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Tsvetana Paraskova

Tsvetana Paraskova

Tsvetana is a writer for Oilprice.com with over a decade of experience writing for news outlets such as iNVEZZ and SeeNews. 

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Saudi Energy Minister: Insufficient Investment To Blame For High Fuel Prices

  • A lack of investment in global refining capacity could be driving the rise in fuel prices, according to Saudi Arabia’s Energy Minister.
  • The energy minister went on to reiterate that net-zero goals are being undermined by the reality of the rising demand for oil and gas.
  • “The net-zero does not mean cherrypicking, net-zero does not mean zero oil,” he explained.
Saudi Energy

Not enough investment in global refining capacity is one of the key drivers of the global rally in gasoline, diesel, and jet fuel prices, according to Saudi Arabia’s Energy Minister, Prince Abdulaziz bin Salman, who reiterated the Kingdom’s view that a rushed transition to cleaner energy fails to take into account realities.  

“All mobility fuels have skyrocketed ... and the gap between crude prices and these products in some cases is actually 60%,” Prince Abdulaziz bin Salman said at an aviation conference, as carried by Reuters. 

If the industry is discouraged from investments, this will lead to a lack of supply, which will translate into inflation, and that will affect the end consumer, the Saudi energy minister said at the Future Aviation Forum in Riyadh, Arab News reports.

Achieving sustainability can’t be done by just relying on biofuels. Instead, all options, including hydrogen, should be considered to ensure a better low-carbon future, Prince Abdulaziz bin Salman added. 

The energy minister of the world’s top crude oil exporter reiterated his view from before the Russian invasion of Ukraine that the “La La Land” scenario of net-zero is being undermined by the reality of the still-growing global demand for oil and gas. 

Even before February, the “la la land scenario about net-zero had been smacked with so many realities,” including cost, Reuters quoted Prince Abdulaziz bin Salman as saying.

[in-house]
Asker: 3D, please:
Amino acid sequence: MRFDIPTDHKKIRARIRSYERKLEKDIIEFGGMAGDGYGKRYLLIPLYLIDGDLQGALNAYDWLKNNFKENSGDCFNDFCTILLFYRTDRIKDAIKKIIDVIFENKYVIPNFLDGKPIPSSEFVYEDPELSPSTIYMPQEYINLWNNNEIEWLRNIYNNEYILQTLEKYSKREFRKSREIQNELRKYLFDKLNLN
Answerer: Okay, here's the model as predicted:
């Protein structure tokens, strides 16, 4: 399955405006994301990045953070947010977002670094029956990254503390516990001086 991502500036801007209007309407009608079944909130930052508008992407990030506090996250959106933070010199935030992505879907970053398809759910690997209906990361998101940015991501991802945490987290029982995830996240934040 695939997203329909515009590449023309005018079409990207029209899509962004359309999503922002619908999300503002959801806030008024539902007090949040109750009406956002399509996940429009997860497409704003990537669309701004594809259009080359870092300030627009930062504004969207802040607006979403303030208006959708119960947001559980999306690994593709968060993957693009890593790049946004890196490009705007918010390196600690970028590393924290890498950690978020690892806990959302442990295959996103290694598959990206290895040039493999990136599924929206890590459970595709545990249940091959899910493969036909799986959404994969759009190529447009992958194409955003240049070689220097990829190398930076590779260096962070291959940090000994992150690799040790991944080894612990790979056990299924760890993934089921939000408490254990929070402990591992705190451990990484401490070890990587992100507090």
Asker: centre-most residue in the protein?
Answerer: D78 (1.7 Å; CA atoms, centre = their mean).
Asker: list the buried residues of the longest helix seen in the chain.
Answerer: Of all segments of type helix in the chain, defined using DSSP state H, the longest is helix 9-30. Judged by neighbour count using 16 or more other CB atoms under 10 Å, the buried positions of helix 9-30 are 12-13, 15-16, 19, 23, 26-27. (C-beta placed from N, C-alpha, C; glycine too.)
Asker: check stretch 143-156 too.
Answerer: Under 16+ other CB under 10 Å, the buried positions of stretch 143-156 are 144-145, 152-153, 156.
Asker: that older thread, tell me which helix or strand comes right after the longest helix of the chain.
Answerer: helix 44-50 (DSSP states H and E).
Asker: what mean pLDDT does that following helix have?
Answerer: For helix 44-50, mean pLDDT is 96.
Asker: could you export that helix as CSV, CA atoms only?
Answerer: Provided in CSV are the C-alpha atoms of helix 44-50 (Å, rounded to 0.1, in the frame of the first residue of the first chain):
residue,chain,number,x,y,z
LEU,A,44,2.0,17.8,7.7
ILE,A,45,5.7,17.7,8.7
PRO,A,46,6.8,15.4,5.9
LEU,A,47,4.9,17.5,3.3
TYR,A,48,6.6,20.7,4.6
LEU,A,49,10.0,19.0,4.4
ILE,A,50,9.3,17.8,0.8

Related: JPMorgan Slashes Demand Outlook Amid Soaring Oil Prices

Days before the Russian invasion of Ukraine, the minister had said at the 2022 International Petroleum Technology Conference (IPTC) in Riyadh that insufficient investment in the oil and gas industry harms consumers, raises concerns about short-term supply shortages, and creates challenges for policymakers. 

The sole focus on renewables is a mistake, said the most influential oilman of the OPEC+ coalition.

“The net-zero does not mean cherrypicking, net-zero does not mean zero oil,” he added. The sharp decline in oil and gas investments has created a danger “that the world will not be able to produce all the energy it needs to promote recovery,” Prince Abdulaziz bin Salman said in February. 


By Tsvetana Paraskova for Oilprice.com

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  • Mamdouh Salameh on May 09 2022 said:
    Saudi Energy Minister Prince Abdulaziz bin Salman is expressing views that I hold dear and which I have been expressing myself regularly in my comments to articles posted on the oilprice.com.

    Underinvestment in oil and gas is indeed a major underlying reason behind the rise in crude oil and refined products as well gas and coal. And yet, the IEA’s la-la-land roadmap to 2050 called for immediate halt of investments in oil and gas.

    There could neither be a post-oil era nor a peak oil demand. Rising world population and growing global economy will take care of that. Moreover, we may never see an alternative to oil as a versatile and practicable as oil itself for the next hundred years. Oil and natural gas will continue to drive the global economy well into the future.

    The notions of net-zero emissions and a total global energy transition are illusions. Even a partial transition couldn’t succeed without huge contributions of natural gas, nuclear energy and coal (yes coal).

    Dr Mamdouh G Salameh
    International Oil Economist
    Visiting Professor of Energy Economics at ESCP Europe Business School, London
  • George Doolittle on May 09 2022 said:
    "taking a Twitter Poll to see who gets nuked first" absolutely.

    Long stuff blown to pieces.
    Strong buy.

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